1-2-3 Come Do Some Creative Writing With Me
A delightful discovery, is that an intriguing photograph, tweaks a student’s interest, and gets their imagination, and creative juices flowing.
You know the old saying: "A picture is worth a thousand words", so I thought looking at one, could certainly provoke at least a few, getting students excited to WANT to get down to the business of writing.
With that in mind, I spent quite a few hours designing my newest packet: Fall, Picture-Driven Writing Prompts.
There are 135 fall-themed pictures to choose from, with 6 on a page to conserve ink.
Select your favorites that you think will be thought-provoking for your students, then print on card stock & laminate, so you can use every year.
Children select one, and depending on ability level, write a few sentences, a paragraph or a story on the filmstrip template.
Beforehand, use one to introduce the lesson, and as a whole group, make an example together to help explain what’s expected.
Completed projects make an awesome bulletin board.
Display students’ work with the photograph, and put the “Fall Picture Driven Writing Prompts" camera poster, in the center of your display.
I’ve also included a bookmark-size, graphic organizer, where students do a bit of pre-writing, jotting down adjectives & verbs that describe their picture.
These can also be part of your bulletin board.
Click on the link to zip on over to my TpT shop to have a look see at this 28-page packet: Fall, Picture-Driven Writing Prompts.
Today's featured FREEBIE is a scarecrow-themed writing prompt craftivity.
Completed projects turn out quite adorable.
There's nothing quite like adding a bit of craftiness to a lesson, to get kiddos excited about writing.
Well that's it for today. I truly hope these photographs are just the thing to help your students get as excited about writing, as my students have.
I’m currently working on matching, picture-driven writing prompts, for the other 3 seasons.
"We must all make do with the rags of love we find flapping on the scarecrow of humanity." -Angela Carter, From Nights at the Circus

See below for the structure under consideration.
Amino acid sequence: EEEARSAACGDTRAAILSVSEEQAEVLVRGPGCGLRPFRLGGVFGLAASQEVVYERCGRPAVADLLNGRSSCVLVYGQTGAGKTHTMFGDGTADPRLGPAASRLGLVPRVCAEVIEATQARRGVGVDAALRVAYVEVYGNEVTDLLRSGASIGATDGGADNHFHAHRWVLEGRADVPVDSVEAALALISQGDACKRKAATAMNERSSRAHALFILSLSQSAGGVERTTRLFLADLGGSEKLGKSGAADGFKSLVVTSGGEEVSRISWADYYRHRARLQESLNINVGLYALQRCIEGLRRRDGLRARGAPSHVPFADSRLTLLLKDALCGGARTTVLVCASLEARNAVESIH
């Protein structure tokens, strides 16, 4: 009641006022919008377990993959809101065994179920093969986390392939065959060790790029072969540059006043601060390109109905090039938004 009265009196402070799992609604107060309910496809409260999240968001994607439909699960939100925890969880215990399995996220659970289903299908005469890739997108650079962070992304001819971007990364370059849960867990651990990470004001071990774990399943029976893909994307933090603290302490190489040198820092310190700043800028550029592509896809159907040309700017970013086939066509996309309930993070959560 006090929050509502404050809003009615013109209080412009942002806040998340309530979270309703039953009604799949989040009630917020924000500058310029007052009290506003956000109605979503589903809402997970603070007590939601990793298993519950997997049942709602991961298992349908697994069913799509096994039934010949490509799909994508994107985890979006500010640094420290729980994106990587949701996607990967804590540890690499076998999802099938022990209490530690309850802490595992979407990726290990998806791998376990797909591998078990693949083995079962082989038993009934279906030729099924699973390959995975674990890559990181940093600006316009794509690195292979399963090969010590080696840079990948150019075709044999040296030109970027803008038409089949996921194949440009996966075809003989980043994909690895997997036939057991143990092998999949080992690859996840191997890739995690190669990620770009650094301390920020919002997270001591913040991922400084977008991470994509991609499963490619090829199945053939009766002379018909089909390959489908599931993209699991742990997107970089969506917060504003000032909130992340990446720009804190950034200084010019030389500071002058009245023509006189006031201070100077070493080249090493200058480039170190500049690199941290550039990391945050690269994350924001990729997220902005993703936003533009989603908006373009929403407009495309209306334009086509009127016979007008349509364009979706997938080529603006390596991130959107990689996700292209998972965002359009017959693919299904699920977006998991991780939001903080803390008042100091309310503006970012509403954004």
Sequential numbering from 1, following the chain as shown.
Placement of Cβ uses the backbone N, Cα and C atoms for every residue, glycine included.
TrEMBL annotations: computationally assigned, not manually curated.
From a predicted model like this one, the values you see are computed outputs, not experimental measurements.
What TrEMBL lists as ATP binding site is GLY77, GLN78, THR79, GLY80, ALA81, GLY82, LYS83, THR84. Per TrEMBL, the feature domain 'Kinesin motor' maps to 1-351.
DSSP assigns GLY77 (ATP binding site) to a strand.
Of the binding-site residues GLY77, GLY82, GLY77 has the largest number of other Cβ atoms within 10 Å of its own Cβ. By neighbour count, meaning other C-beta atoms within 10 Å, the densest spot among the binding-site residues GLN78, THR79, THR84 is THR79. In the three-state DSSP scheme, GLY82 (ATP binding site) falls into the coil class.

1-2-3 Come Do Some Writing Craftivities With Me
The key to getting children motivated to write, is simply giving them something exciting and fun to tease their imaginations and get the creative juices flowing.
Pumpkins in the News does that. It's my latest, 29-page, writing prompt-emergent reader packet.
I’ve included 2 class-made books: The Case of the Missing Pumpkins, as well as Our Class Pumpkins in the News.
To get the pumpkin rolling, there’s a “What can you do with a pumpkin?” poster, which includes two graphing extensions to cover more standards.
Children will readily share that you can eat and carve them, but are they aware that you can grow a record-breaking giant pumpkin, catapult them through the air, or turn them into a boat and sail them in a regatta?
All of these are popular contests and make headlines in the news.
I’ve included links to awesome videos to whet everyone’s writing appetites.
On the crazy creative side, how about the discovery of an alien pumpkin, or a pumpkin that could talk or grant 3 wishes?
Trust me, your kiddos will WANT to get right down to the business of writing! Woo hoo.
The crafty part of the project is a newsprint pumpkin.
Coloring newspaper with crayons or markers, creates a super-interesting and awesome look.
Completed projects look amazing swirling & twirling from the ceiling. I've included several "header" cards to choose from, as a title for your display.
Little ones can search for all of the letter Pp’s and circle them.
I’ve also included several worksheets for more letter Pp practice.
Toss in a bit of shape review, with the pumpkin’s facial features, and practice spelling names via his smile.
There's also a pattern with 12-on-a-page to make an Itty Bitty one. It's packed with plenty of Dolch sight words.
If you don't include it with the emergent reader, you could give them to your kiddos on party day.
They are today's featured FREEBIE. Click on the link to grab a copy in both black & white as well as color.
Well that's it for now. Thanks for stopping by. It's my sincere hope that your own little "punkins" enjoy these craftivities. It's a gorgeous 70 degrees today; the leaves are finally starting to turn.
The fresh air floating in from my window is beckoning me to come play. I shall succumb. Wishing you a peaceful day.
"I would rather sit on a pumpkin, and have it all to myself, than be crowded on a velvet cushion." - Henry David Thoreau
1-2-3 Come Do A Super-Fun Writing Prompt With Me
There's never enough time to get in all of the wonderful "Getting to know you" activities we do for back to school, so I do at least one each month.
My kiddos LOVE sharing about themselves, so they really enjoy this type of writing. Plus, it's fun to continue to learn more about our classmates.
With this in mind, I designed "Me!" A Fall-Themed Writing Prompt packet.
All you have to do to get excited about this "craftivity", is make a sample of your own, to see how much fun this is!
An added bonus is that completed projects make an easy bulletin board you can keep up for months! Woo hoo. Caption: "Fall Into Writing!"
Plus, this activity is so versatile, it can be done by PK kiddos with one-word answers, all the way up through 5th grade!
Have older students write 3-4 things in each section.
You can also encourage the use of adjectives too.
There are 7, autumn-shapes to choose from: an apple, 2 pumpkins, 3 leaves and an acorn.